Coarse fishing with maggot baits

Maggots are a really versatile fishing bait that can catch almost any British coarse fish – all you need to do is present them correctly and you’re onto a winner.

You can fish maggots on the bottom of the river, lake or canal. You can even fish maggots on the surface – and at any depth in between.

All you need is a little know-how and the right shotting pattern and you’ll soon see your float go under, your tip go round, or your indicator rise..

Hooking maggots

There is an old saying that you must follow when hooking maggots, or any bait, and that is to match the size of the hook to the size of the bait. I mean, would you stick a single maggot onto a size four hook? No, you wouldn’t, because that’s stupid!

Always hook the maggot blunt end first, and use the sharpest hook you can find. The maggot mustn’t burst when you pass the hook through the flattened part of the skin – the hook should just lightly nick the skin. If it does burst, do it again with a fresh bait.

If you intend using more than one maggot on your hook, keep hooking the baits in the blunt end so they sit next to each other perfectly.


Stopping line spin

Double, triple or quadruple maggots placed upon a hook can cause anglers problems because that bait isn’t very aerodynamic. It will spin through the water when it is retrieved quickly, and that spinning of the bait will cause the hooklength to spin too.

If you are using a fine hooklength there is a chance that it will become kinked and damaged, therefore weakened. One way to prevent this is to use a micro swivel between your hooklength and your mainline. These take the pressure out of the spinning hooklength ensuring that it remains kink-free and strong at all times.

The best knot to use to tie a micro swivel onto your rig is the Grinner knot.

Making maggots float


It is possible to make maggots float very easily. Doing this will allow you to use your maggots a whole lot more effectively given the required circumstances.

You could fish a bunch of wriggling floating maggots on the surface, you could slow the maggot down as it falls through the depths, or you could pop a bunch of maggots up above weed or a Method feeder if you know how to make maggots float.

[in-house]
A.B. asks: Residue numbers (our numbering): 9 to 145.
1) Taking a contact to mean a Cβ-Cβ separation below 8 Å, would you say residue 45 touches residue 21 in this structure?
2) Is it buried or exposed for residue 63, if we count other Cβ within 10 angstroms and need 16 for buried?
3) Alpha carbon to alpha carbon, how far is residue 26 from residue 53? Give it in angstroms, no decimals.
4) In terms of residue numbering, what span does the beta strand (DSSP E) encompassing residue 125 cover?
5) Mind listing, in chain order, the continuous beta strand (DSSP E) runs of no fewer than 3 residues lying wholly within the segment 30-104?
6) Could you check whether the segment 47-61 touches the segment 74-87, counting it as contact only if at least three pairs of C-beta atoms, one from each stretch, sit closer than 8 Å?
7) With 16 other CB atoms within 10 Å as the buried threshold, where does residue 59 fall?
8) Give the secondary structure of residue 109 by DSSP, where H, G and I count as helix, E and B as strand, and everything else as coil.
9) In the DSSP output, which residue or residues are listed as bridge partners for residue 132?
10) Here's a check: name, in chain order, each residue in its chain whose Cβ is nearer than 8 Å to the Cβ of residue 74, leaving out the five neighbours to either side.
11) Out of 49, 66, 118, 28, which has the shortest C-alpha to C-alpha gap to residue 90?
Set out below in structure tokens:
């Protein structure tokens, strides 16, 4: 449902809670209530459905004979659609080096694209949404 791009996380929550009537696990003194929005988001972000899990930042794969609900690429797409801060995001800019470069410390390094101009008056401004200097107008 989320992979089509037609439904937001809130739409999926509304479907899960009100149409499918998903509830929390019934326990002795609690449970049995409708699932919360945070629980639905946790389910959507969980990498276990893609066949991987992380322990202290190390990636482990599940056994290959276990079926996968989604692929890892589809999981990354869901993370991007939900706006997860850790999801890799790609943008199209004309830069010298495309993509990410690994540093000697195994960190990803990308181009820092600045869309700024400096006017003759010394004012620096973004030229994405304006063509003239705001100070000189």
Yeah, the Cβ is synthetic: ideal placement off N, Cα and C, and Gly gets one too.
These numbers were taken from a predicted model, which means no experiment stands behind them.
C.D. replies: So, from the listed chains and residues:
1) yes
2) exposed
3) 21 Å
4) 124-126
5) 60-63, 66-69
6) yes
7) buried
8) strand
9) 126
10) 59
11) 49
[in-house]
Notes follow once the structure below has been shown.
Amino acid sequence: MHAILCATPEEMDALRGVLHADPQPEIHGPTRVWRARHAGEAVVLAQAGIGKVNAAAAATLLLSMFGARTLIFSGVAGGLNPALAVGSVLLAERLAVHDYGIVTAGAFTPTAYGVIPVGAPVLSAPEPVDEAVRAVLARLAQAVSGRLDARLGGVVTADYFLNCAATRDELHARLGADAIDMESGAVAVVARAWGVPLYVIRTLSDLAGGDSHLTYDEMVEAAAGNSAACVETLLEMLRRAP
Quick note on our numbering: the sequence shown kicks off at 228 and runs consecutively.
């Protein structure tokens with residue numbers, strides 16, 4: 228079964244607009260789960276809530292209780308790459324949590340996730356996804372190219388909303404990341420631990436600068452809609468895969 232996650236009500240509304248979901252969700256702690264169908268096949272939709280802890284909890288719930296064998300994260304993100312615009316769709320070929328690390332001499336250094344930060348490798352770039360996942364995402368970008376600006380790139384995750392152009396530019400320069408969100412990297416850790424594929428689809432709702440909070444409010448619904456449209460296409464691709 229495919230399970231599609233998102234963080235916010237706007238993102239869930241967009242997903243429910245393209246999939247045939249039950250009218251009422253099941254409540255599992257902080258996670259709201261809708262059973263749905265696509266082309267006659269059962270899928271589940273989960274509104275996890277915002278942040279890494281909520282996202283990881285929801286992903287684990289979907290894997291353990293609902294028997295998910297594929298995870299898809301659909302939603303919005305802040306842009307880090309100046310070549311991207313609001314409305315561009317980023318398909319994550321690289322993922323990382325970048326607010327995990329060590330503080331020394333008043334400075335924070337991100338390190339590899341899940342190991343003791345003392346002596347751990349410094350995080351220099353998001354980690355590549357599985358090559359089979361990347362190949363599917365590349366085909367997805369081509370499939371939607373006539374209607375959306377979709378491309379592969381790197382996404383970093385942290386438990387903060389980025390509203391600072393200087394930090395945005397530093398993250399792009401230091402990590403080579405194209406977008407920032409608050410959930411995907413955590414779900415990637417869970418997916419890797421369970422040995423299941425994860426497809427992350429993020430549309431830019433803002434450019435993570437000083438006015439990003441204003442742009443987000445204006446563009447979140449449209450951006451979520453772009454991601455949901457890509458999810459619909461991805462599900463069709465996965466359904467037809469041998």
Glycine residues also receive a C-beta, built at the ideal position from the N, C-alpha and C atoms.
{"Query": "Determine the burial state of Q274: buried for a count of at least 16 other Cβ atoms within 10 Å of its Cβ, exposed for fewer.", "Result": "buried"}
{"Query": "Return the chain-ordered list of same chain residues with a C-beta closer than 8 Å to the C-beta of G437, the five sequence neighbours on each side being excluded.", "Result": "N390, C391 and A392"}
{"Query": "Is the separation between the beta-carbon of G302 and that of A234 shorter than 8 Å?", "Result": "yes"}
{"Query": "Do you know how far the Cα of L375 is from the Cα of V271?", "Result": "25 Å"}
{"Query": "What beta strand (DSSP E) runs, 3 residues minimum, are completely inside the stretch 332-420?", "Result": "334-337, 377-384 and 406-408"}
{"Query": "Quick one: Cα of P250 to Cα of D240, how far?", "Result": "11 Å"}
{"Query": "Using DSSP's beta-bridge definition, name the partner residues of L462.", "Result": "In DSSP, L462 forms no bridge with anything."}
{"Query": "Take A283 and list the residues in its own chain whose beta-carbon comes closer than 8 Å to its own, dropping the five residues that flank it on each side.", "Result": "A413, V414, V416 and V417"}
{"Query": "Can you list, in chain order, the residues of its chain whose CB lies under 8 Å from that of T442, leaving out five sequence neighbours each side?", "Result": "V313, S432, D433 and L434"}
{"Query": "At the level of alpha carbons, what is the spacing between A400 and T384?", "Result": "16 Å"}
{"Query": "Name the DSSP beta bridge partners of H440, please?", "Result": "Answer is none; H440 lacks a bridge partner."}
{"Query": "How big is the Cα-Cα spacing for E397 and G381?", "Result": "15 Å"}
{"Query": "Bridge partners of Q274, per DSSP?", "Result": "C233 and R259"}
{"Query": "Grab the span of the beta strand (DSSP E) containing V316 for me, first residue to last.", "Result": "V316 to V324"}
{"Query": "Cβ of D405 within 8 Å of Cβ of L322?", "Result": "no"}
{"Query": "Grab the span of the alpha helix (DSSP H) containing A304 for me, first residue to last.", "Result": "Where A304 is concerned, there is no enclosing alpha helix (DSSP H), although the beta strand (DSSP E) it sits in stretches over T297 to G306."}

All you need is a spare bait box and a spare lid. Firstly, cut a large square in the bait box lid large enough for you to get your hand in, but there needs to be enough of the bait box lid remaining to create a large lip. This will prevent the wet maggots from escaping, as they become excellent climbers when they are wet.

Tip enough water into the bait box to cover the base – you only need to cover it with a couple of millimetres of water that’s all. Now add a handful of maggots and let them wriggle around in the water for 20 to 30 minutes.

Their survival instinct forces them to take onboard enough air to ensure they don’t drown, therefore the maggots become buoyant and they will now float. Simple!

Using dead maggots on commercials


Did you know that in some circumstances dead maggots can actually be better than live maggots? Live maggots will sink to the bottom and wriggle away into the silt, making it difficult for the fish to find them. The solution is to kill the maggots and then they won’t be able to hide!

This is a particularly useful technique to try when fishing commercial coarse fisheries as these tend to be weed free on the bottom but often very silty.

To get a load of dead maggots for feeding simply pour half a pint into a polythene bag, squeeze the air out and tie the neck up. Now place them in the freezer for a day. The cold will kill them off, but don’t put more than half-a-pint in each bag as the ones in the middle will remain warm enough to stay alive.

A quick way to get a handful of dead maggots for hookbaits while your at your swim is to pour a little hot tea or coffee over a few. That will scald them and they will stiffen and die.

Flavouring maggots

Maggots can be flavoured if you wish to add a little extra pulling power to your bait. This can be done by adding either a liquid flavouring or a powdered flavouring.

When you are adding a liquid additive riddle your baits first to remove any maize, dead maggots or sawdust and sprinkle on the desired amount of flavouring as per the instructions. Don’t overload the flavour as you will only do more harm than good. And you could potentially kill the maggots that you need to keep alive.

If you choose to flavour your maggots with a powder you will also need to riddle the baits and then add the flavouring. You can add quite a lot of powder flavour and a couple of great ones to try are Brasem (great for bream) and turmeric (great for roach and chub).